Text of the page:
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Northern Cypress Pine/Blue Cypress

Northern cypress pine (Callitris intratropica syn. C. columellaris, Cupressaceae) is an evergreen native to Australia.1 The slow-growing tree can grow up to 75-100 feet in height but is often smaller. The trunk’s diameter can be between 1 to 2 feet, and the tree’s foliage has a blue-green hue. Tree population benefits from mild controlled burning, which was not occurring in the early to mid-1990s, and the decline and areas of extinction resulted because of the lack of aboriginal practices. There are farms that grow this species of pine. According to David Bowman, “This tree species is most probably like the miners' canary, signalling that fundamental ecological changes are occurring in response to the breakdown of traditional Aboriginal land management and a shift to intense fires, many of which are deliberately lit.”2

The Tiwi people of Melville and Bathurst Islands, who call this tree, Karntirrikani, have an origin story of an old blind woman, Mudangkala, who created the land by crawling through the dark, barren landscape, carrying three babies. 2 As she journeyed, sea water filled the imprints she left, and she populated the land with plants, Karntirrikani is specifically named, along with other living creatures. The Tiwi use the infusion of the inner bark to treat sores, cuts, and abdominal cramps, topically, and occasionally internally for abdominal pain. The bark was also applied to stanch bleeding after childbirth. The smoke from this wood’s fire has been used as an insect repellent. Wood ash mixed with water has been applied to sore and painful parts of the body as an analgesic. The crushed plant was used as a skin cleanser and moisturizer. The tree sap was utilized as an adhesive.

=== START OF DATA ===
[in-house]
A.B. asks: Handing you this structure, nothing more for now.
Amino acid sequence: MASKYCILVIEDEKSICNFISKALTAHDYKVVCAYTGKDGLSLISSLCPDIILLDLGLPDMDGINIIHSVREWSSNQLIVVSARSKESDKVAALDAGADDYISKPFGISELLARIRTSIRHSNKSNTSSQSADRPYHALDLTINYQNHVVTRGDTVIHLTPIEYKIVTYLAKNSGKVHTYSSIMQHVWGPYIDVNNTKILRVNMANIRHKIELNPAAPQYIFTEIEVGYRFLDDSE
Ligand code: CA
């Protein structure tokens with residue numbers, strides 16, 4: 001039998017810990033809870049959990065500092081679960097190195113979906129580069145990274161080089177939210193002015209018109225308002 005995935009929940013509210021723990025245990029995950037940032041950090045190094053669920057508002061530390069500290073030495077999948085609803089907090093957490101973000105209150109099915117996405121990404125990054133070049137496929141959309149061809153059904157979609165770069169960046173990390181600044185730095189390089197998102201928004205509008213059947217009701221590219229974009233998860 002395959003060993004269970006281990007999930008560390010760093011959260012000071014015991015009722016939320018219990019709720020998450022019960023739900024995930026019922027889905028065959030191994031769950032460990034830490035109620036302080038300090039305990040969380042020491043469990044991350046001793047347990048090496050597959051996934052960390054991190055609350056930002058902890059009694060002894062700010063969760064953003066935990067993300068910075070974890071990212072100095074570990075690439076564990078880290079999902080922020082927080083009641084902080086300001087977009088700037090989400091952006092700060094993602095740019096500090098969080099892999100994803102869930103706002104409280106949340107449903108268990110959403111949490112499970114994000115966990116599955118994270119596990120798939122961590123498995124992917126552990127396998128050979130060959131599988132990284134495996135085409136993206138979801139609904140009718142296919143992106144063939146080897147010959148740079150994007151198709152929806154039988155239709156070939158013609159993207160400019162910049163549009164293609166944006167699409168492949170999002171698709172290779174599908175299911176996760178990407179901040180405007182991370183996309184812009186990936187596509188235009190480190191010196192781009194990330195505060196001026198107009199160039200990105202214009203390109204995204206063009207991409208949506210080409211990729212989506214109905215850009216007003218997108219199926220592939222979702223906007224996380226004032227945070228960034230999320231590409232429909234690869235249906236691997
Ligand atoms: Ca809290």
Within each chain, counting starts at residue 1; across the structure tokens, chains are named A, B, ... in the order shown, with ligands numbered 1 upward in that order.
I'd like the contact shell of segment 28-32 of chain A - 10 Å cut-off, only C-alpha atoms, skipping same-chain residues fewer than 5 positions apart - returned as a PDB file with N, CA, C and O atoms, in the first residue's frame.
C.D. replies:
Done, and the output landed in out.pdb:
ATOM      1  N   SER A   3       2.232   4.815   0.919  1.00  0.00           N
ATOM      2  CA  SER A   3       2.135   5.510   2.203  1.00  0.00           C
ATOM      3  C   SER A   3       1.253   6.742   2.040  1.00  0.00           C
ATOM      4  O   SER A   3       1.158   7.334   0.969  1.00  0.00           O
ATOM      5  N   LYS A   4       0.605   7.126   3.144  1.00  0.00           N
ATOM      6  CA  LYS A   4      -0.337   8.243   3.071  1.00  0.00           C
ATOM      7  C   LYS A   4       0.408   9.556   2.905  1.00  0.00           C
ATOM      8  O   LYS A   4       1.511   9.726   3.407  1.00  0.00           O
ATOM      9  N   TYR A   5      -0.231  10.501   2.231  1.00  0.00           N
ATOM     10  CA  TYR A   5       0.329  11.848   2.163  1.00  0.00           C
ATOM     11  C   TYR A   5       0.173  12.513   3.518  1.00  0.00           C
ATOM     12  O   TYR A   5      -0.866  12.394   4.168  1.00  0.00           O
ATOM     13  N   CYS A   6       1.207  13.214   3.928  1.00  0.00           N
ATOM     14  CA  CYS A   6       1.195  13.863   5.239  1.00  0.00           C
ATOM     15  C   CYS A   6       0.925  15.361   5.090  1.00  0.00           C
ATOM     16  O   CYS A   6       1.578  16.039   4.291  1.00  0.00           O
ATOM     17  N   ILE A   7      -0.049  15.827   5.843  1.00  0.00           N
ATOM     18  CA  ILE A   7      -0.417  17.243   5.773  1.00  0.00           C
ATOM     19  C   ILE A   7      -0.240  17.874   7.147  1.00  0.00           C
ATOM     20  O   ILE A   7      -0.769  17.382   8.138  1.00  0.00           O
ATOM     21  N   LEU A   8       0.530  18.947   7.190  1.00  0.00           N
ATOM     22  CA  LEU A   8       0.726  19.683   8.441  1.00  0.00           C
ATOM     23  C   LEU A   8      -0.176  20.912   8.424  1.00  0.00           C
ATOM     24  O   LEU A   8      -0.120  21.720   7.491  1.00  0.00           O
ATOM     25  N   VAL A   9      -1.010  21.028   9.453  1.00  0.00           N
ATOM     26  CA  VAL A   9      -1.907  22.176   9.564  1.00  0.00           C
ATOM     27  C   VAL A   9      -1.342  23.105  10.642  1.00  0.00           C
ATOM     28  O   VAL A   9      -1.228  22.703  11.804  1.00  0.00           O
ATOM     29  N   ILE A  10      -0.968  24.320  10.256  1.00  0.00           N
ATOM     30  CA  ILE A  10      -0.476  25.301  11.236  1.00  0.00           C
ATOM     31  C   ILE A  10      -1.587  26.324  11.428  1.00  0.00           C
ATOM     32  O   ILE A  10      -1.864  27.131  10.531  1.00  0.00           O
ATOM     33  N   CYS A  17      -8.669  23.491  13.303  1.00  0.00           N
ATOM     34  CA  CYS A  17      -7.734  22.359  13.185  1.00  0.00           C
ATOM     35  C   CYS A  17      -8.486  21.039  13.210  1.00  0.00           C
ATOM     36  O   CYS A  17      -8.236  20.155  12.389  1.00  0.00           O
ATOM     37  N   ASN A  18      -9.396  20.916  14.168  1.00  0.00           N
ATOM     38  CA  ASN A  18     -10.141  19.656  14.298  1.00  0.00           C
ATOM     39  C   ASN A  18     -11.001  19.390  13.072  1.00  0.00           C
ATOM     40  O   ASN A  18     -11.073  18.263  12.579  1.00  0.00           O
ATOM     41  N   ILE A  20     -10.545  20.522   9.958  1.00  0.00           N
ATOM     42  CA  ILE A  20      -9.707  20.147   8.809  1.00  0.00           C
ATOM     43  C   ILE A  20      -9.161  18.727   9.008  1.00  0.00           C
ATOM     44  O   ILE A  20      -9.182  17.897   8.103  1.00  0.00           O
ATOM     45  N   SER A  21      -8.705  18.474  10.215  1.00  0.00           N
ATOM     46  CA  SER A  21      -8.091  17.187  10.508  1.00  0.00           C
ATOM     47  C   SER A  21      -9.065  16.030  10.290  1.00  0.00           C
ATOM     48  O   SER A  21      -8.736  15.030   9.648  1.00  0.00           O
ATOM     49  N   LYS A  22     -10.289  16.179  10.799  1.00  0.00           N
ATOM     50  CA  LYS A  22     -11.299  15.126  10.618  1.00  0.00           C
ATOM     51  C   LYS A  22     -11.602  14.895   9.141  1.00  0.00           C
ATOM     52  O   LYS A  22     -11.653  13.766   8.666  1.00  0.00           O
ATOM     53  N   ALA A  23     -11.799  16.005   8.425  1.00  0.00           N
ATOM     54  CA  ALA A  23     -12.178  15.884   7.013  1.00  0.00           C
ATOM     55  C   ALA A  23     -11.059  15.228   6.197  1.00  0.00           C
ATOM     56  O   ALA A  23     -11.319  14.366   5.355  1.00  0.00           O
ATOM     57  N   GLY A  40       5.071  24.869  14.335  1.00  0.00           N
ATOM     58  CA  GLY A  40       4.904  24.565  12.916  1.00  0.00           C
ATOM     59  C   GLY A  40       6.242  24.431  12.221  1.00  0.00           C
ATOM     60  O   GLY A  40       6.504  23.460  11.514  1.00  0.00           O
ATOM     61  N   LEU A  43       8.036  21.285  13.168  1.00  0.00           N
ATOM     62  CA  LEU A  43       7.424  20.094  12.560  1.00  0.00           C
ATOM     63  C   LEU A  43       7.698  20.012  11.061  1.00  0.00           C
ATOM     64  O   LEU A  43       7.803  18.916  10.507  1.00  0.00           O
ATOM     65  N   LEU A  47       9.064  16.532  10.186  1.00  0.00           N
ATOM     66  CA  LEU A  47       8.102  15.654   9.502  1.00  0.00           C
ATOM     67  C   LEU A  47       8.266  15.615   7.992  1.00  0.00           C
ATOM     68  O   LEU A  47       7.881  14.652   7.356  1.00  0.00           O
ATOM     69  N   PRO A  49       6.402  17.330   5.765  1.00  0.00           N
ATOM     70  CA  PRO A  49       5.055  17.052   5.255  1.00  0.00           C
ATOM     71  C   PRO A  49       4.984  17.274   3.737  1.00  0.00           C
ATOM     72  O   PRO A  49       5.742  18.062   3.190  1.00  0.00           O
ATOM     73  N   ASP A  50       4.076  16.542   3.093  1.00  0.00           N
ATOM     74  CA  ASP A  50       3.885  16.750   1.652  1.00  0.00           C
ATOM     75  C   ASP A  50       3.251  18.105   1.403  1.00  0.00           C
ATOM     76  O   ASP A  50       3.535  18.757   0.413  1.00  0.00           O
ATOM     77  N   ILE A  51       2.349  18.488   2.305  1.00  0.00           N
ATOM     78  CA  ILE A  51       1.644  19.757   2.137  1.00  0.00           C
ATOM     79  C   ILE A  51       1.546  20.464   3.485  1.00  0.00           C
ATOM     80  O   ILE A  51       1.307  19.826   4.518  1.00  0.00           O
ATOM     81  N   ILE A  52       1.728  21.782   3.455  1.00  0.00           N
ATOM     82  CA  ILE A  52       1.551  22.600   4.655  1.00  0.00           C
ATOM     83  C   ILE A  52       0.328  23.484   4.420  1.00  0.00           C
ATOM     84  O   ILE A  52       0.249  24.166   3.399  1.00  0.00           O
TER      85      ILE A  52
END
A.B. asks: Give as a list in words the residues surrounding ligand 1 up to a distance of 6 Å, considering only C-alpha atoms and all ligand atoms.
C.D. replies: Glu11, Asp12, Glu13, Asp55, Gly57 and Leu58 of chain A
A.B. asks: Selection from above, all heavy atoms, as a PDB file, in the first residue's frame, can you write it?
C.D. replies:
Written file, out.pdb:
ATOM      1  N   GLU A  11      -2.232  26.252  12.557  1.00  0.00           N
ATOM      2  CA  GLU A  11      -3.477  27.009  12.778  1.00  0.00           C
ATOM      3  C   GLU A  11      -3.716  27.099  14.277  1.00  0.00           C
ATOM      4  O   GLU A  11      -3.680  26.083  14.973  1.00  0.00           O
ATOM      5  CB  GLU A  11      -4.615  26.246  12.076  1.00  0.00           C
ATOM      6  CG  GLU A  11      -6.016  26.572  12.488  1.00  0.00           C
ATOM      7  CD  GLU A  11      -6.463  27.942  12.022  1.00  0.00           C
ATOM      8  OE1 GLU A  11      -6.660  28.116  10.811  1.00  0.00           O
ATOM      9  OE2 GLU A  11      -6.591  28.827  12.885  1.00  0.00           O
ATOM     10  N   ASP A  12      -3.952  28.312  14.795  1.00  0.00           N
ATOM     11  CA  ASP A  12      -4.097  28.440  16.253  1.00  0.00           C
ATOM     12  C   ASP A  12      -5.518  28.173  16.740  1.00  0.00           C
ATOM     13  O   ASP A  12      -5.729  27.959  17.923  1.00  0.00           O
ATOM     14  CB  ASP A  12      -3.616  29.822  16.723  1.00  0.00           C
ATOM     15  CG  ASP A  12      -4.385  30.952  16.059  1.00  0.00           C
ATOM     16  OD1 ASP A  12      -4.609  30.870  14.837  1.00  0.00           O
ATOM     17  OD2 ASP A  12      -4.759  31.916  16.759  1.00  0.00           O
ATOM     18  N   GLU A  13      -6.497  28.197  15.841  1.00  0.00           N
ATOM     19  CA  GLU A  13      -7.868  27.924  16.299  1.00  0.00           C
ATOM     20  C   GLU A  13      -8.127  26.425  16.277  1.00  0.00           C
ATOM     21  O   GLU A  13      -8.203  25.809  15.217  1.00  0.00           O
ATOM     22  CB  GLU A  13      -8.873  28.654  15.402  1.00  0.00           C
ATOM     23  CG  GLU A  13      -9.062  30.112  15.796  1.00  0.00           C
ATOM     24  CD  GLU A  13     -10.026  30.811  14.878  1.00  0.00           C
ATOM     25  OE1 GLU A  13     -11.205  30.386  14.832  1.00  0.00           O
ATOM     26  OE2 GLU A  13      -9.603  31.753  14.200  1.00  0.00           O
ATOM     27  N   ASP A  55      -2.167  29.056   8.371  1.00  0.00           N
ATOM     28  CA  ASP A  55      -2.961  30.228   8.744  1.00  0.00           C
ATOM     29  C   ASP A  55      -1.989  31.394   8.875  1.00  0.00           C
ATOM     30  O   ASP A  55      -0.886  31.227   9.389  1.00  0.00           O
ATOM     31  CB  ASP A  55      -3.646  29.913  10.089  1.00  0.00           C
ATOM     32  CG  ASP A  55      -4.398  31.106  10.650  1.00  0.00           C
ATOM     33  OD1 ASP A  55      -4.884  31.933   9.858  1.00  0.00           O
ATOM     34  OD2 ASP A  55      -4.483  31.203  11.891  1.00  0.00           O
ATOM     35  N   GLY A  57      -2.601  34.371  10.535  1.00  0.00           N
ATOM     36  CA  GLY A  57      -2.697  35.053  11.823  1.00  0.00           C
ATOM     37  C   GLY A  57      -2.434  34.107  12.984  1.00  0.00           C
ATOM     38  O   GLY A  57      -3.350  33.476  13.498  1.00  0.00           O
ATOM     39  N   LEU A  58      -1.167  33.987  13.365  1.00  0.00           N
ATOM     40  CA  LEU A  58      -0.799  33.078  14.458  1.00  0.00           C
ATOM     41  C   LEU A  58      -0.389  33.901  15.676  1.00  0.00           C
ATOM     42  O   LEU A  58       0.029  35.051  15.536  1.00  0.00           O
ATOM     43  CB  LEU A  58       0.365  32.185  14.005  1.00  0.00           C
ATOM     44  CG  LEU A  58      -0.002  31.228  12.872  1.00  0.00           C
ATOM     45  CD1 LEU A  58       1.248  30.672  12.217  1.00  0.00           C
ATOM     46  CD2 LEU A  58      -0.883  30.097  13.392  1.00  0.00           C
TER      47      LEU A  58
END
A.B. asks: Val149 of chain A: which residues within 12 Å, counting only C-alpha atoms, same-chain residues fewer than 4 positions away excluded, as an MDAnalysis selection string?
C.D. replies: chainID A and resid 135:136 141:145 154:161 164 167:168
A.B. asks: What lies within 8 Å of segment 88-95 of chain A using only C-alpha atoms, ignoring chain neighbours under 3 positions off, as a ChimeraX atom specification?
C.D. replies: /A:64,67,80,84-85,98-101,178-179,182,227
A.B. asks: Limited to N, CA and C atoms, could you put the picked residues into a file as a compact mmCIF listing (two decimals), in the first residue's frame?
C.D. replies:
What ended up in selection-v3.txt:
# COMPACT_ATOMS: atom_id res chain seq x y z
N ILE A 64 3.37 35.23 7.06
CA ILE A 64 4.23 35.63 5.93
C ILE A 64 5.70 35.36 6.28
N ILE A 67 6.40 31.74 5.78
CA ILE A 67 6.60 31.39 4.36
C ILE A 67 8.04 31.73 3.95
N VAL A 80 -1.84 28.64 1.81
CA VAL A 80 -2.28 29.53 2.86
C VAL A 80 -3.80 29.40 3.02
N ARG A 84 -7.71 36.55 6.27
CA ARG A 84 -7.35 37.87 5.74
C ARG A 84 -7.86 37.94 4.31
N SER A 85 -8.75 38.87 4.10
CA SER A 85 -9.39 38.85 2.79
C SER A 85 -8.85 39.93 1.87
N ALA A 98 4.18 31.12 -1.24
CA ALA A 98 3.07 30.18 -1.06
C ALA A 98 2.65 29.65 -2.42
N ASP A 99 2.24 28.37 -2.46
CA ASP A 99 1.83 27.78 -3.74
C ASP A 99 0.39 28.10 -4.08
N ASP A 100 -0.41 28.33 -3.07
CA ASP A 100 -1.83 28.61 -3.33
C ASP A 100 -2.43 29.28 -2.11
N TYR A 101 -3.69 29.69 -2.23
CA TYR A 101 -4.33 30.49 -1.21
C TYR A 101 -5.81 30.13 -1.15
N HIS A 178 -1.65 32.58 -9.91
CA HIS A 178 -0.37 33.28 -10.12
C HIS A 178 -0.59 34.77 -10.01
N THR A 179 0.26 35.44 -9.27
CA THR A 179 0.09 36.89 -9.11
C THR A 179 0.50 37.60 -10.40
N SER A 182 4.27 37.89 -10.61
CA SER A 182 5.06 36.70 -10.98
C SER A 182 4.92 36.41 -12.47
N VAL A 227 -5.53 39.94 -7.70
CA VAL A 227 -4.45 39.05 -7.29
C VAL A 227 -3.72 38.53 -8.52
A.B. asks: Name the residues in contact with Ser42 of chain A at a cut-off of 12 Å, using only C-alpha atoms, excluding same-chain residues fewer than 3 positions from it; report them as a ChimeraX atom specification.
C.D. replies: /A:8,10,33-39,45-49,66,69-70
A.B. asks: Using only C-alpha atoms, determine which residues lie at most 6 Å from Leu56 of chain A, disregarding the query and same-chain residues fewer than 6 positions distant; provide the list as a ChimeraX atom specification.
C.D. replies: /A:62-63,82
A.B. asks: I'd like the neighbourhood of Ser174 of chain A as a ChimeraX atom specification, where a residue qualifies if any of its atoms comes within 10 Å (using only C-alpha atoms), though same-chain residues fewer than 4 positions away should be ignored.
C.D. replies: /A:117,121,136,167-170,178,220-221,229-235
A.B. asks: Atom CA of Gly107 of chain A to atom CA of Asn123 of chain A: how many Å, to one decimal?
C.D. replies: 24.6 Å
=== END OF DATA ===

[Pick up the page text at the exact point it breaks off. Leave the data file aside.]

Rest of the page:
European settlers originally thought to use the timber for building structures as it is resistant to climate wear and tear as well as to termites. However, the slow growth of the tree made this inviable. Around 1995, the discovery of an essential oil distilled from the wood occurred. Known as blue cypress essential oil, the oil is blue due to the chemical component, guaiazulene, which is formed during the distillation and is rare in wood essential oils.3,4 Guaiazulene does not occur when only the heartwood is distilled, but does when the heartwood, bark, and sap are distilled together. Other components include ß-eudesmol, bulnesol, dihydrocolumellarin, guaiol, ɣ-eudesmol, and α-eudesmol. The essential oil’s applications include for arthritic and other inflammatory conditions, asthma, skin conditions, such as rosacea and aging, grounding, and as a perfume fixative. The aroma is woody, balsamic, and slight medicinal tang, with hints of sweet, metallic notes.

Lori Glenn
HerbClip™ Managing Editor



1Earle CJ, ed. Callitris columellaris. The Gymnosperm database website. Accessed June 7, 2022.

2Bowman DMJS. Why the skillful use of fire is critical for the management of biodiversity in northern Australia, Proceedings of the 1994 symposium on biodiversity and fire in North Australia. 1994; Darwin;103-109.

3Robbins W. Blue cypress essential oil. Aromaweb website. Accessed June 7, 2022.

4A brief guide to blue cypress essential oil. Monq Aromatherapy website. February 18, 2022. Accessed June 7, 2022.